Well, I believe the title is pretty straight forward. I've read many times that one should avoid copying heavy objects, and it seems pretty rational (who would want to be a memory hog?). Question is, when should an object be considered heavy? how many members?
Any time the object you're passing is larger than the size of a pointer (typically 4 bytes on 32-bit, 8 bytes on 64-bit), then it would be more efficient to avoid copying.
Whether or not you should pass it by reference/pointer depends on how much extra work that will be, and what you'll be doing with the data. If you pass it by reference just to create a copy and modify it in your function, then you've defeated the purpose. Any time passing it as const by-reference suffices, then it's probably a good idea to do so.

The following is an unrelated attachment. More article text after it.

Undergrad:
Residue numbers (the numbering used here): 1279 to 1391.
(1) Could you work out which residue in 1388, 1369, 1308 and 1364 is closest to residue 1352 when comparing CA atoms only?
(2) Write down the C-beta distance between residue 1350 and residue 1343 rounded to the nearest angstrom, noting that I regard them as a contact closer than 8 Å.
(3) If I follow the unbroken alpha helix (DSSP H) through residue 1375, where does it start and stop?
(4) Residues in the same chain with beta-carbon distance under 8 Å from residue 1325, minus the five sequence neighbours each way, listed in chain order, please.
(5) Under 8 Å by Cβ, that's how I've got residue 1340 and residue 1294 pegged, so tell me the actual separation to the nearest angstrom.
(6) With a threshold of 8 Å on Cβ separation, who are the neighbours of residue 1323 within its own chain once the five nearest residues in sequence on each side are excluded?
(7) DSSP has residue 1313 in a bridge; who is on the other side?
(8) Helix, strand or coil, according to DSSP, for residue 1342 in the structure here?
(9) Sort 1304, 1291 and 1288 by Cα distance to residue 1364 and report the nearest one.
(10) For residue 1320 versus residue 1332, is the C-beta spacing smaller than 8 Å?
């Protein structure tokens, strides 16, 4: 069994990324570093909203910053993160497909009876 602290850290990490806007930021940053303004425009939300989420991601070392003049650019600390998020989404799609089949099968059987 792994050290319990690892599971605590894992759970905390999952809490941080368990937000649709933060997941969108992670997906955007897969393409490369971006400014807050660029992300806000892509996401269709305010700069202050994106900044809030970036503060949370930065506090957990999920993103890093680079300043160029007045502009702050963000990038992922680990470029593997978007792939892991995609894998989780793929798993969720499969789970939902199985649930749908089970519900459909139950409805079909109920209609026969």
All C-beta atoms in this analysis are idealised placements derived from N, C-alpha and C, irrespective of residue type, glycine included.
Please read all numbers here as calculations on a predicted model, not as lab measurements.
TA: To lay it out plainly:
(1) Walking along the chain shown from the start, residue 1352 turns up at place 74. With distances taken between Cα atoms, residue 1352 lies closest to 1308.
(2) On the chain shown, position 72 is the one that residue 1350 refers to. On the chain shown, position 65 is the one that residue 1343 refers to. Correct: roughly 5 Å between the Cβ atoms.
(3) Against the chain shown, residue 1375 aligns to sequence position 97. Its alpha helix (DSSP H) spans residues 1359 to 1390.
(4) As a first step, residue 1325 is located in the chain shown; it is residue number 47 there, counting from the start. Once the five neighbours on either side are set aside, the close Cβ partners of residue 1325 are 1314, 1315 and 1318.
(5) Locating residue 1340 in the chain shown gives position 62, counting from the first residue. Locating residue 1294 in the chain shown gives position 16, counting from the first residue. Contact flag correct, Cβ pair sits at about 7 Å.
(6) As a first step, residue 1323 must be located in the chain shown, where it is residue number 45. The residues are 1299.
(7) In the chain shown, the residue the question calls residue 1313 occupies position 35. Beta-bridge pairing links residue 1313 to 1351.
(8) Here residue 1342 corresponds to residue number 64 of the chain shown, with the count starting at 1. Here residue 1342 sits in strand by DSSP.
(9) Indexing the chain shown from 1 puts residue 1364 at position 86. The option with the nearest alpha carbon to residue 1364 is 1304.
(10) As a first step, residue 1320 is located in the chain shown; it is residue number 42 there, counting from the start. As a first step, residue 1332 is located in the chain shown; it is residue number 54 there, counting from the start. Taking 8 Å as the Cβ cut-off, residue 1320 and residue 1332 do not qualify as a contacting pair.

However, note that most compilers are smart enough to optimize away the copying of a read-only object when your code is compiled with optimizations on. So you needn't really worry about it unless it becomes a bottleneck and you can quantitively prove it.